Concealed carry permit holder fends off teen robbers (VIDEO)

Two teens attempted to rob a couple outside of a Tampa restaurant Friday night, but both ended up in police custody after the male victim, who is a concealed weapons permit holder, turned the tables on the suspects.

As part of an evening out, the couple had just enjoyed dinner at a Shells restaurant and were walking to their vehicle in the parking lot when they were approached by the teens, who were later identified by police as Reginald Smith and Jeremiah Walker. Smith was armed with a gun. Tampa Police Lt. Michael Stout told a local Fox affiliate that the teens were hiding in the bushes and rushed the couple while Smith aimed the gun at them.

The suspects demanded cash and cell phones and the couple complied. But when the woman attempted to flee back toward the restaurant, Smith pointed the gun directly at her. At that point, fearing for the safety of the woman, the male victim reached into his pocket, pulled out his own pistol and shot Smith in the leg.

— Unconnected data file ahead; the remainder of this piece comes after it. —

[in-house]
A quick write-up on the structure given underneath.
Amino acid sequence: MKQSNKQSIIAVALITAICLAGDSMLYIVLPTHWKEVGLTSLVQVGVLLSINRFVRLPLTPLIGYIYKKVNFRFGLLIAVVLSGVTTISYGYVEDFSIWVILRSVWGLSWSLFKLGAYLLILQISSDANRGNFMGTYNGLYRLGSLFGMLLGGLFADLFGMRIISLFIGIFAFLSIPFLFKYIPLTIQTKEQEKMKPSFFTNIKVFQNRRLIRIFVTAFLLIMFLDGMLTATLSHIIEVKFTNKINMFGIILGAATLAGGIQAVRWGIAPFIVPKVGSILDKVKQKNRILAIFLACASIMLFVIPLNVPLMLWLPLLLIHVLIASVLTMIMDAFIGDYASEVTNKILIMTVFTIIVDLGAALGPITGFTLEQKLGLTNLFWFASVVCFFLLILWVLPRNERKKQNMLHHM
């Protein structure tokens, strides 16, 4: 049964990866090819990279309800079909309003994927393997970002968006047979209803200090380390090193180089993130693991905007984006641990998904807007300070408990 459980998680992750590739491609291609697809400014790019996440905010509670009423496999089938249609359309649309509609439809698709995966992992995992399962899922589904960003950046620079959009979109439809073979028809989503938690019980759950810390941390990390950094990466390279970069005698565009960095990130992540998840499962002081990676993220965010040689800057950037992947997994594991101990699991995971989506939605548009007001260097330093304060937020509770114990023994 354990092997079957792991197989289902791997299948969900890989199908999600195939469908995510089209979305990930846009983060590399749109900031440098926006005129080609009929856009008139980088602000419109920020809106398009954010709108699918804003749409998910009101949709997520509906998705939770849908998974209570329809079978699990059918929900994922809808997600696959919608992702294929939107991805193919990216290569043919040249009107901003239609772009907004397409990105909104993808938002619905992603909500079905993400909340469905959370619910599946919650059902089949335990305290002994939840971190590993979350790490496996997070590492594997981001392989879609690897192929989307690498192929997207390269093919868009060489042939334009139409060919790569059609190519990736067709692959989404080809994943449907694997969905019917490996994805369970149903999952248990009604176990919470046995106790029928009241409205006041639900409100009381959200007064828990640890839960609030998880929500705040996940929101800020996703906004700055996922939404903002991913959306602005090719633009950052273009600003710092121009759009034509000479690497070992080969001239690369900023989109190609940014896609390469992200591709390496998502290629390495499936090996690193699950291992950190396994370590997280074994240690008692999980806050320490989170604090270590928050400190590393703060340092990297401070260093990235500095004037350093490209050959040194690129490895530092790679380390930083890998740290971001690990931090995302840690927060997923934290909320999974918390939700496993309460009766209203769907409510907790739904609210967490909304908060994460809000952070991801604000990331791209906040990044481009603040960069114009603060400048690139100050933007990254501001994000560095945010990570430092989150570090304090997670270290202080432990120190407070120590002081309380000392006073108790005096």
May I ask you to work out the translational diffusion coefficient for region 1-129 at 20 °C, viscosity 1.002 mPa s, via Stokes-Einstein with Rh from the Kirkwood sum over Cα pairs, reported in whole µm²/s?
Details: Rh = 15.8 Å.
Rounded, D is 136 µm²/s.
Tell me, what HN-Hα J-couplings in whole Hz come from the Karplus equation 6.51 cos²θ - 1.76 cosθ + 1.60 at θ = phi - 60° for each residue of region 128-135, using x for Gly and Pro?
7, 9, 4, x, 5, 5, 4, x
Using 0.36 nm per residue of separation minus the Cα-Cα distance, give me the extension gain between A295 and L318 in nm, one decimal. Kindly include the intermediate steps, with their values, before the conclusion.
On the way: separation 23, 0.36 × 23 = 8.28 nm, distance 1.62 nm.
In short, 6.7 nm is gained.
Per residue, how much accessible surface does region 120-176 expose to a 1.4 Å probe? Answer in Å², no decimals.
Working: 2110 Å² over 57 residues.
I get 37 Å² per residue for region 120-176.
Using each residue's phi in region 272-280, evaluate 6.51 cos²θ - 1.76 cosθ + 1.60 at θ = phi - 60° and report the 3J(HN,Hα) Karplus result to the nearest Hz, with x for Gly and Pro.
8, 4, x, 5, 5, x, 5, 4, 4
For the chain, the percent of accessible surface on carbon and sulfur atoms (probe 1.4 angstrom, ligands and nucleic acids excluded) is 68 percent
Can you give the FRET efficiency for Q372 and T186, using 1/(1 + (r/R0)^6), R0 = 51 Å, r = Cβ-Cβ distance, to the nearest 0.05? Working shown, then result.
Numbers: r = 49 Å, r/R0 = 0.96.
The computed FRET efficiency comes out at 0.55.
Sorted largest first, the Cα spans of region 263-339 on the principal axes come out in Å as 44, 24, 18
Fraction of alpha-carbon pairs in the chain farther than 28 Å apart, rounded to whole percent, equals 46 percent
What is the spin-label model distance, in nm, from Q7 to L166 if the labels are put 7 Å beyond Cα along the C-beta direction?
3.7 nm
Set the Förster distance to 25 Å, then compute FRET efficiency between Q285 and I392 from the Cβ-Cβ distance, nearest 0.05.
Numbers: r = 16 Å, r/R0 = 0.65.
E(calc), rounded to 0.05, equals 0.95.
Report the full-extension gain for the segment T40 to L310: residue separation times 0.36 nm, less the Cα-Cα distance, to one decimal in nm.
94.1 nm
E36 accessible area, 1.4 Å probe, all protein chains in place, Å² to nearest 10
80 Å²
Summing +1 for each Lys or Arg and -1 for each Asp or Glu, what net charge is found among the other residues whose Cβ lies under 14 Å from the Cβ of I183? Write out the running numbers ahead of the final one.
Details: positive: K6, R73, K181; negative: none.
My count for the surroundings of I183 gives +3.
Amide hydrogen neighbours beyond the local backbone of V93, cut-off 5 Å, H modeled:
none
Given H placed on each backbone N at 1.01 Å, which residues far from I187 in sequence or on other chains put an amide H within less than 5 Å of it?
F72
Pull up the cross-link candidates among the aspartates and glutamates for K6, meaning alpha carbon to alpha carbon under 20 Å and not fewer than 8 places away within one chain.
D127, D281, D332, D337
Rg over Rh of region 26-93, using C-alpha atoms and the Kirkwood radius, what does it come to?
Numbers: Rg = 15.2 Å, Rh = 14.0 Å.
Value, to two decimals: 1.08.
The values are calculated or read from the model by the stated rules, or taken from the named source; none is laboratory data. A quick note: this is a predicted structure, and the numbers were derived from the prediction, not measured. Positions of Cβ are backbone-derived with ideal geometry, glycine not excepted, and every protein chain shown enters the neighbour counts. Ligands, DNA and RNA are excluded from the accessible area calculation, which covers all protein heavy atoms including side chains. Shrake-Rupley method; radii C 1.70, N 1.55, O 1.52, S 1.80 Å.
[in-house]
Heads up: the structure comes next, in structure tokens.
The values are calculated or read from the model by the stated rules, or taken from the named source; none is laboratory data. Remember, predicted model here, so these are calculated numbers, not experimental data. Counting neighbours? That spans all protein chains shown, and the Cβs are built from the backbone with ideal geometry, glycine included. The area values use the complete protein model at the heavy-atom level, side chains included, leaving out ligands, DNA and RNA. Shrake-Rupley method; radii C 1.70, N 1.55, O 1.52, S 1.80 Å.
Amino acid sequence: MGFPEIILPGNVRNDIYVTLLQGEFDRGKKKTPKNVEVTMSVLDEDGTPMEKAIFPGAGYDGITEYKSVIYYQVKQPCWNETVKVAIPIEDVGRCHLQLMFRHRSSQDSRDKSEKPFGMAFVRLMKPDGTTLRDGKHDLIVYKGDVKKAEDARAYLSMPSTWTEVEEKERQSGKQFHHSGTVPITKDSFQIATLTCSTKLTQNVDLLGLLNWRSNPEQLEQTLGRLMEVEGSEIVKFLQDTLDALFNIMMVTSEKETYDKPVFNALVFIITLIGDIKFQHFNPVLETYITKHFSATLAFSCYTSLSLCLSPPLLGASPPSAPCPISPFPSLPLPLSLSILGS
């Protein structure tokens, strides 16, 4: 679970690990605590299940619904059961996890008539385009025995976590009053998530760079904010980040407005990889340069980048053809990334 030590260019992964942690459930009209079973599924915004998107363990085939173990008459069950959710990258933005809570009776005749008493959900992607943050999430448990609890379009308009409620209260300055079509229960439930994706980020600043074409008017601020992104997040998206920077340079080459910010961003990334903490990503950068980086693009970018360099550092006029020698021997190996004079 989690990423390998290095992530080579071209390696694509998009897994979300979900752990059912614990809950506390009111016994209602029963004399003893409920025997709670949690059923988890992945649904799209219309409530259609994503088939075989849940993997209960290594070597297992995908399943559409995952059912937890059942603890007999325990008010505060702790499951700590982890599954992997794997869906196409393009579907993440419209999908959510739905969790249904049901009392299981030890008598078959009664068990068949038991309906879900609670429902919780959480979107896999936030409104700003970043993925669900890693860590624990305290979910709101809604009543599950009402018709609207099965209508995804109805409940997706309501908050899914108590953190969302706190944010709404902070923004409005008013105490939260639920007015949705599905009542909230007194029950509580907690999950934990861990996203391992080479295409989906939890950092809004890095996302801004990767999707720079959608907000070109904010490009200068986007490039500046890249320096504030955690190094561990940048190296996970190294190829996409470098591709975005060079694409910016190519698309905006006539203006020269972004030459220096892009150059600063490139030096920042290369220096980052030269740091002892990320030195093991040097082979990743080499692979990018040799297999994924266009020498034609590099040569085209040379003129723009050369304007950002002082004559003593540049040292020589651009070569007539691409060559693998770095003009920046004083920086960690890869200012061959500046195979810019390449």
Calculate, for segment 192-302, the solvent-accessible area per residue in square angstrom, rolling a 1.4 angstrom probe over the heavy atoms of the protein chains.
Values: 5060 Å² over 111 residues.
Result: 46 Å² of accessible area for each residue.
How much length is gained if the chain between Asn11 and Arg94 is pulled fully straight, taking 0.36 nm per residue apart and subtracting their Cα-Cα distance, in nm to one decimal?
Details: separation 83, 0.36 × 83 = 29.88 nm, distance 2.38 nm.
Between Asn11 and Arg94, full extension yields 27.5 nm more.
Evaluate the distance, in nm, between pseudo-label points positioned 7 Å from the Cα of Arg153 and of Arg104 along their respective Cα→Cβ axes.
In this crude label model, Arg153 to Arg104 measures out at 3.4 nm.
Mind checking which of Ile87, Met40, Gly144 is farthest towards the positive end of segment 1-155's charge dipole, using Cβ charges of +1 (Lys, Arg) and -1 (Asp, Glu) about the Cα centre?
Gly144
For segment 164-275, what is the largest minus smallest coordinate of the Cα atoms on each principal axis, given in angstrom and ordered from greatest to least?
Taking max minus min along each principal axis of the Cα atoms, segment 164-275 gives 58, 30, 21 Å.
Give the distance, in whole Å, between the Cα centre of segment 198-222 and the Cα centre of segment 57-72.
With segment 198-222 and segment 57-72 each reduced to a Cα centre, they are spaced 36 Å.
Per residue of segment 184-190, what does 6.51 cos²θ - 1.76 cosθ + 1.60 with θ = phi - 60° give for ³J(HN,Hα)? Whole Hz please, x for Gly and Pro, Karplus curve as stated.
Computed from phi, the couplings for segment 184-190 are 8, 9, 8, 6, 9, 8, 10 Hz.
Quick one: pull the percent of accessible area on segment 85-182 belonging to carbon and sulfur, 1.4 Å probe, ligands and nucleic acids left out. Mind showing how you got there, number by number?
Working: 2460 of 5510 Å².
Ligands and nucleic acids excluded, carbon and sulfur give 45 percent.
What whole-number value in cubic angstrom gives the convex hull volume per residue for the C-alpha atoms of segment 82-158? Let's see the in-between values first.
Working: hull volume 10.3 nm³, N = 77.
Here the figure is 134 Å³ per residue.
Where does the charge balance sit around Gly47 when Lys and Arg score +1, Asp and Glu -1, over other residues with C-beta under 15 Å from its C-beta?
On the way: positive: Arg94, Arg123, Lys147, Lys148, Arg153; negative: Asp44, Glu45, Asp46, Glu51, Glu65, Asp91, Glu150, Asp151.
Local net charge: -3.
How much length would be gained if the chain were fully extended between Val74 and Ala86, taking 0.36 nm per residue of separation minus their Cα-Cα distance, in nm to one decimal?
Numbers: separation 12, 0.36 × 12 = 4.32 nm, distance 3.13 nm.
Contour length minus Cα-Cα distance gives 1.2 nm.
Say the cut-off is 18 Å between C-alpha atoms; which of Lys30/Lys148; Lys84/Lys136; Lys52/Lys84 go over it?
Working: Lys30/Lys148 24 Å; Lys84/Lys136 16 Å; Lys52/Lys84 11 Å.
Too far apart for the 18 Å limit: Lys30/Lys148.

Smith and Walker attempted to flee from the scene, dropping the cash, phones and gun along the way, and while Walker was able to get away, Smith could not run.

When police arrived a short time later, Smith was taken into custody and transferred to a local hospital to receive treatment for the non-life threatening gunshot wound.

The female victim was also treated for minor injuries she sustained during the altercation.

According to a report by WTSP, Walker turned himself in about half an hour after Smith was in custody.

Smith and Walker, who are both 17 years old, have had several run-ins with law enforcement in the past and are now facing charges for armed robbery, a first-degree felony.

Authorities discovered that the gun carried by Smith was fake, a replica with the orange tip removed.

While in most states no distinction is made between real and fake guns when they are used in the commission of a felony since both can be used to incite fear in the victims, a 2011 Florida court case ruled that a toy gun does not meet the legal requirements for a weapon, which is defined by an object which may be used to inflict great bodily harm or death.

As a result of the ruling, Stafford Hamilton, who was facing charges for armed robbery, was convicted of a lesser offense – robbery. An exception to the law is made when the toy gun is used to strike the victim or otherwise used in a manner to inflict bodily harm.

FOX 13 News